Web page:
Critical response[edit]

Professional ratings
Review scores
SourceRating
Allmusic4.5/5 stars[13]
Robert Christgau(1-star Honorable Mention)[14]
Consequence of Sound4.5/5 stars[15]
Entertainment WeeklyB (Deluxe Edition)[16]
NME(7/10)[17]
Pitchfork Media(8.3/10)[18]
Q4/5 stars[19]
Record Collector4/5 stars[20]
The Rolling Stone Album Guide4/5 stars[21]
Uncut(8/10)[22]

Gish was met with largely enthusiastic reviews. On the month of its release, Chris Heim of the Chicago Tribune credited producer Butch Vig for helping the band achieve a "clearly defined" and "big, bold, punchy" sound for the album. Heim also indicated that the varied styles of the album would be a good addition to the alternative music culture of Chicago at the time—a culture that was sometimes perceived as inaccessible for new bands.[23] Jon Pareles of The New York Times picked up on the eclectic mix of musical style on Gish as well, complementing its "pummeling hard rock", "gentle interludes", and "psychedelic crescendos".[24] In an end-of-year recap of 1991 releases, Heim noted that the album constituted a "smashing local success story" for the Chicago area.[25] Greg Kot, also of the Tribune, called Gish "perhaps the most audacious and accomplished" of all 1991 albums released by local bands;[3] in an article later that year, Kot listed the album among the best of 1991.[26] Rolling Stone called it "awe-inspiring" with "meticulously calculated chaos" and a "swirling energy".[27]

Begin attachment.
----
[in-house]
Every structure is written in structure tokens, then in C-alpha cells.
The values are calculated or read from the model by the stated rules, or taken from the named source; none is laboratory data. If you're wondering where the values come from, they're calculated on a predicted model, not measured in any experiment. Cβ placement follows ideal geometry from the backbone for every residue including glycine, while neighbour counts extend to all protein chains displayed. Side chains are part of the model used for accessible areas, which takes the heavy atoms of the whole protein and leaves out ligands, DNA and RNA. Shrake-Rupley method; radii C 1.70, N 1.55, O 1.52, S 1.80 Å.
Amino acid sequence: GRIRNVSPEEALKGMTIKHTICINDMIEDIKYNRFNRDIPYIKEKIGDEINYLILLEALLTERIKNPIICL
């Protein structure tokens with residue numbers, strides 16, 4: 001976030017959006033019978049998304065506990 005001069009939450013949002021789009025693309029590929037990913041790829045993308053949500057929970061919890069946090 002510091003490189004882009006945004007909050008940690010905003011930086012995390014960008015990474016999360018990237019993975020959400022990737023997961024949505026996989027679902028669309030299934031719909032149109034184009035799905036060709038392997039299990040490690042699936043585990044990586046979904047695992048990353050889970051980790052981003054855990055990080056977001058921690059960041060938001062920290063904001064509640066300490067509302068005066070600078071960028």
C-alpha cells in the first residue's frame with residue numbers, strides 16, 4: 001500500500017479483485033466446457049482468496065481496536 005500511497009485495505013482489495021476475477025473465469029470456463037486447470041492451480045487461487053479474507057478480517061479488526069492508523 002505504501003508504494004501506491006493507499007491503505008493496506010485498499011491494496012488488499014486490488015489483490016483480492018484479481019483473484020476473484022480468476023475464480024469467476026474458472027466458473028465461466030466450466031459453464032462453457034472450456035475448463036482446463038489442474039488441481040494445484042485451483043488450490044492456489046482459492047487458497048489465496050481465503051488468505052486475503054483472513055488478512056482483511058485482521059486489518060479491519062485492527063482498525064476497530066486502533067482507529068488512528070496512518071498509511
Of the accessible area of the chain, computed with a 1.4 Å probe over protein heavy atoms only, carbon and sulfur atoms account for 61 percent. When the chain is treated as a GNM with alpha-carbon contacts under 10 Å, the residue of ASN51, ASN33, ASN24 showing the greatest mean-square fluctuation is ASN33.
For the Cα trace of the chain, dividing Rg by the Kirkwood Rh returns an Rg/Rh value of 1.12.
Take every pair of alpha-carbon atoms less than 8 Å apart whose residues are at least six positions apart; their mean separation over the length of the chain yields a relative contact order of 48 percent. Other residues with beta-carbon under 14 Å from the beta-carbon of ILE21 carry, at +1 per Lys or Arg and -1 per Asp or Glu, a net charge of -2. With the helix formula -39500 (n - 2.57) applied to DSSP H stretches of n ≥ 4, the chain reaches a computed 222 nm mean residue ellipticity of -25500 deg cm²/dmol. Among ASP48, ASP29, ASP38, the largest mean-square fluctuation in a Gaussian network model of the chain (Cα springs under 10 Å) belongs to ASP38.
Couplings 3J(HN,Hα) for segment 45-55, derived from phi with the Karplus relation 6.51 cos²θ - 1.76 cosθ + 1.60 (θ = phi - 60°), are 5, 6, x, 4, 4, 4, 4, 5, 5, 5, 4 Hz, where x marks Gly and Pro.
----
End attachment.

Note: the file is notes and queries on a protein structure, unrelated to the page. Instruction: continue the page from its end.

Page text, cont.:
Many substantive reviews of Gish emerged only with the 1993 release of Siamese Dream, when mainstream critics took their first look into the back-catalog of a band whose popularity was exploding. Derek Weiler of the Toronto Star noted that songs on Gish contained "either galloping riffs or trippy feedback hazes" and that the latter were especially effective and entertaining.[28]

In 1992, Gish and the Smashing Pumpkins earned recognition at the Chicago Musician Awards, for which local music publication Illinois Entertainer polled readers and Chicago music industry figures such as critics, writers, and club owners. In separate polls, readers and industry figures chose Gish as the "best local album". Jimmy Chamberlin and James Iha won individual honors for their performances on the album, and the band as a whole earned the "best hometown national act" award.[29]

Release history[edit]